Did you know the usage of the term “keynote” is rooted in the history of music? Back in the late 1600s, a keynote referred to the first note of a musical key. The term carried over from music to describe the main idea of a speech – sounded at the beginning, resolved to at the end, and setting the prevailing tone throughout. Keynotes move us – both musically and vocally.

Although marketing professionals are no strangers to keynote speaking, not every individual is quite as persuasive on stage (or virtually as it now more often is) as they’d like to be. But that doesn’t mean you can’t work on your delivery to take your presentation to the next level.

Crafting an engaging speaker session is not easy, particularly when many business events are now taking place online in a virtual environment. It’s more challenging to gauge audience interaction and find your flow. It takes skill, trial-and-error, and practice. The following tips should help to prepare you.

01. Understand your audience

Just like you would in your role as a marketer, research your audience. Who are they, and what can you provide that is of value to them? What is this audience interested in hearing and learning about? When you comprise your presentation in terms of the wants and needs of your audience, you are on the right track to delivering an effective, engaging and memorable session.

Suppose the event or conference occurs annually; search online for reviews and blog articles. Check out YouTube for videos from the event; what sessions received higher views and why? Most conferences have a dedicated hashtag that attendees are encouraged to use throughout the event. Carry out a search to identify the main talking points, the speakers that users mentioned most, and what presentation slides grabbed people’s attention. It’s common to see attendees snapping pictures of the speaker’s screen when interesting data is shared rather than trying to scribble it down quickly.

Life becomes meaningful when one sees himself as an actor within the context of a story.

George Howard

02. Tell a story

Our brains love stories and are a constant in our lives. In fact, research estimates that as much as 65 per cent of all human interactions take the form of social storytelling, or perhaps more commonly known as gossip. Stories cause us to feel emotions, and emotions are a signal to the brain that whatever we are experiencing is valuable. As a result, the brain pays much more attention to information that is charged with emotion.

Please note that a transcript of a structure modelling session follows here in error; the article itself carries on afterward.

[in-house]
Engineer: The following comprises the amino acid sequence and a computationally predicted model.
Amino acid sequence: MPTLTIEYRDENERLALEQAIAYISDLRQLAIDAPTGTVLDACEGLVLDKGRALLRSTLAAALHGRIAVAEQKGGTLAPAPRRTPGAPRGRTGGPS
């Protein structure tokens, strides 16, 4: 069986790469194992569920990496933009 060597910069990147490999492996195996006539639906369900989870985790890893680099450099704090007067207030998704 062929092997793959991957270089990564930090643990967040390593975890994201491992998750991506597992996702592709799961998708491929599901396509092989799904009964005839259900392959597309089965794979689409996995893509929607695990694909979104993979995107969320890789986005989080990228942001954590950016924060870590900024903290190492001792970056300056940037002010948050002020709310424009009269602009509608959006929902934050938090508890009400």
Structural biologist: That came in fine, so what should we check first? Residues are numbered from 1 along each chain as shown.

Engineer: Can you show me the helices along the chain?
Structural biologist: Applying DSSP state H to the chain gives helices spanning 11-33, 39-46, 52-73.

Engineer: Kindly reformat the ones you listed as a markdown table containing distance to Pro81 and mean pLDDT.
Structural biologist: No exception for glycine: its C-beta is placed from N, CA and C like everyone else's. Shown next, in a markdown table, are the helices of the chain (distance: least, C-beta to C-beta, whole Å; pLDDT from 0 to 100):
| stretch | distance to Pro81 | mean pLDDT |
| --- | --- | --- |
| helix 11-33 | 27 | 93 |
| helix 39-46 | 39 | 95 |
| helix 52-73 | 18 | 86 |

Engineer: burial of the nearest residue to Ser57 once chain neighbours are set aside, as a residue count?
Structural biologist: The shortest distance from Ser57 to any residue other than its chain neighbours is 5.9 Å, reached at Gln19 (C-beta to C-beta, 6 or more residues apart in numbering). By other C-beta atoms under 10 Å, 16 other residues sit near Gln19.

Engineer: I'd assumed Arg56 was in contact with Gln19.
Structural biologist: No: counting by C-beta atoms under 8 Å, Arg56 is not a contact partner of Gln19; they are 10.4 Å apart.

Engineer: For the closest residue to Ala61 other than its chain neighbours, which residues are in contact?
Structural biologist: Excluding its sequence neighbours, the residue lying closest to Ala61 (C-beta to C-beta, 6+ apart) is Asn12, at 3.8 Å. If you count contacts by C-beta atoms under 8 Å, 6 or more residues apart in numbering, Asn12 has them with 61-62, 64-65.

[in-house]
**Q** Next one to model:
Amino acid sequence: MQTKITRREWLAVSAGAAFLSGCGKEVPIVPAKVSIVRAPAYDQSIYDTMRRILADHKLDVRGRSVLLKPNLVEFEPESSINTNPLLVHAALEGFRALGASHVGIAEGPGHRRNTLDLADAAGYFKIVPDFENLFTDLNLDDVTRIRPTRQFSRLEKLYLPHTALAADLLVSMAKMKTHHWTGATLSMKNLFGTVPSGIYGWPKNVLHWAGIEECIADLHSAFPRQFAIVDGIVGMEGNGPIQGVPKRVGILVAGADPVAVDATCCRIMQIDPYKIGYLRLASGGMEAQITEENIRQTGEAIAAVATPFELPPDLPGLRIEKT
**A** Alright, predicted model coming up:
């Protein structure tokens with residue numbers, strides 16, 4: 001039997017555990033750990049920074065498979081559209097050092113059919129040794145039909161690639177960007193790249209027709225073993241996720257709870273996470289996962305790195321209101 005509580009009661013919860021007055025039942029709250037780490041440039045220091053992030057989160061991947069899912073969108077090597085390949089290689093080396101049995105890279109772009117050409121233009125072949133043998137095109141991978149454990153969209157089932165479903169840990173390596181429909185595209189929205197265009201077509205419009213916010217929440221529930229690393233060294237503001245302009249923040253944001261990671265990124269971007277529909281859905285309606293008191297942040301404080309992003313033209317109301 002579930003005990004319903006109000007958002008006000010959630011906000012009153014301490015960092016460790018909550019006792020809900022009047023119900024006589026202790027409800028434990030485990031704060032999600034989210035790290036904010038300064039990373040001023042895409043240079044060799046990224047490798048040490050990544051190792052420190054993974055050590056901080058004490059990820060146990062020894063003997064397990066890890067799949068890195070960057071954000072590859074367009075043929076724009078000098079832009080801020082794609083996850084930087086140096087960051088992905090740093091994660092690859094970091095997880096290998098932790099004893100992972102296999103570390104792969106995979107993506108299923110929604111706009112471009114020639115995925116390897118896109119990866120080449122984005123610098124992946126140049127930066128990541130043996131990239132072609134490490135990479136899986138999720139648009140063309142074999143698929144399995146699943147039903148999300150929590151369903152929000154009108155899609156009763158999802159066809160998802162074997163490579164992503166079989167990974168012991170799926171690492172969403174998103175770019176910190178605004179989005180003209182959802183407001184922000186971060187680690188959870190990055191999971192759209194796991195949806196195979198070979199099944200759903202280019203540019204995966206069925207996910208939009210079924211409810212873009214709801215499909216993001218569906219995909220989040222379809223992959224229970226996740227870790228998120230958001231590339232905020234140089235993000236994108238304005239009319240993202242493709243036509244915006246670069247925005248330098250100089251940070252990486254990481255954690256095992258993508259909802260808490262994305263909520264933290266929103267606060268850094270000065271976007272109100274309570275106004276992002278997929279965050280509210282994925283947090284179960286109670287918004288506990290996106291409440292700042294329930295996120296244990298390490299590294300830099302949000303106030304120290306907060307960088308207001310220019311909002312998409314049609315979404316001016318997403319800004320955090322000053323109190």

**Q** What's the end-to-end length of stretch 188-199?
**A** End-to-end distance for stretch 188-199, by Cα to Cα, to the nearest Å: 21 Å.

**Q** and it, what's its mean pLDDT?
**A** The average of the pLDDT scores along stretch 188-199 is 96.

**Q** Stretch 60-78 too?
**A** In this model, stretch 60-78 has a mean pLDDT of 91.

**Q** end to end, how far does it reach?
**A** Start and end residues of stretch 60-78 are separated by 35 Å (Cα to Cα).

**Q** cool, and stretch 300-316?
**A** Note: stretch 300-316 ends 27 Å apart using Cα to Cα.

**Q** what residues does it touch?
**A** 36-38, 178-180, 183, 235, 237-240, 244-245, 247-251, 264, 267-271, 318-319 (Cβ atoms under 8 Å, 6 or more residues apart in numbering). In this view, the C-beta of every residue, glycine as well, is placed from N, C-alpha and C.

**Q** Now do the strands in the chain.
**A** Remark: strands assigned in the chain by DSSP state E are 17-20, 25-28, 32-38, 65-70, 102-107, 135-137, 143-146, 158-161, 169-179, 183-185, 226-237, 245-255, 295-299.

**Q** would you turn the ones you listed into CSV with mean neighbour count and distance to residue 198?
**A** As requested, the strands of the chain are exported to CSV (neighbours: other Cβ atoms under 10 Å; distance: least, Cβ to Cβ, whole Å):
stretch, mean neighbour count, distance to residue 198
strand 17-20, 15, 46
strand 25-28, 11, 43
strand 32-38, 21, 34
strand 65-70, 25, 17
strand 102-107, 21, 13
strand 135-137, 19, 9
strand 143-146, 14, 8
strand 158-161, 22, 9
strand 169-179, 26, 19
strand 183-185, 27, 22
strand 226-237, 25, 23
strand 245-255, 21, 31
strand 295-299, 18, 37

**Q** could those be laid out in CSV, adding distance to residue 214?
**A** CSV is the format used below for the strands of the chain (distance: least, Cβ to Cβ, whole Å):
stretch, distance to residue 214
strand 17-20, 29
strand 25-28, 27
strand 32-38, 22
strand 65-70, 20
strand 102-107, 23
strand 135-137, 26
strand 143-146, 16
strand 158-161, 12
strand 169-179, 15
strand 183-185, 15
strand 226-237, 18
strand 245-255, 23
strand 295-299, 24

Moreover, good stories tend to stay with us. One estimate suggests that we can recall facts up to 22 times more accurately when they are part of a story rather than just isolated data.

Think about the story you want to tell and ensure the visuals you use throughout supplement this rather than repeat what you say. Need some inspiration? Just check out some of the many inspirational TED presenters renowned for storytelling and evoking emotion in their talks.

03. End with a positive takeaway

The most effective presentations not only tell a story but also have a positive resolution. Your takeaways can take the form of a vital piece of wisdom or advice relevant to your target audience. The attendees can then easily package these key messages into short, memorable phrases or soundbites that they can quickly write down, recall and share.

Today, most audiences are sharing those soundbites on social media platforms (mainly Twitter) in real-time as you speak. Make it easy for them and write their tweets for them. Consider putting them on your slides. Think in soundbites and make it easy for your audience to consume your speech. Your insights could quickly gain traction and become viral during events.

04. Create a killer deck

Today, almost every speaker accompanies their talk with some kind of visual slide deck. An audience teeming with marketing professionals will appreciate a slick visual presentation that is well-designed, engaging and clever. It’s important that your slides do not merely consist of text repeating what you are saying. Try to avoid using text as much as possible as it can end up being more of a distraction than informative. Instead, use your slides as props – visuals that drive an emotional response that compliments your verbal message.

People think in pictures, so use that to your advantage. For example, fill the screen with a compelling image that deepens the point you are making. That way, people will focus on what you are saying instead of reading.

A successful talk is a little miracle – people see the world differently afterwards.

TED curator Chris Anderson

Whether you are delivering a keynote speech for the first time or looking for ways to improve, these essential tips will help you make it a success.

For more reading, check out our post on best practices for marketing during the pandemic.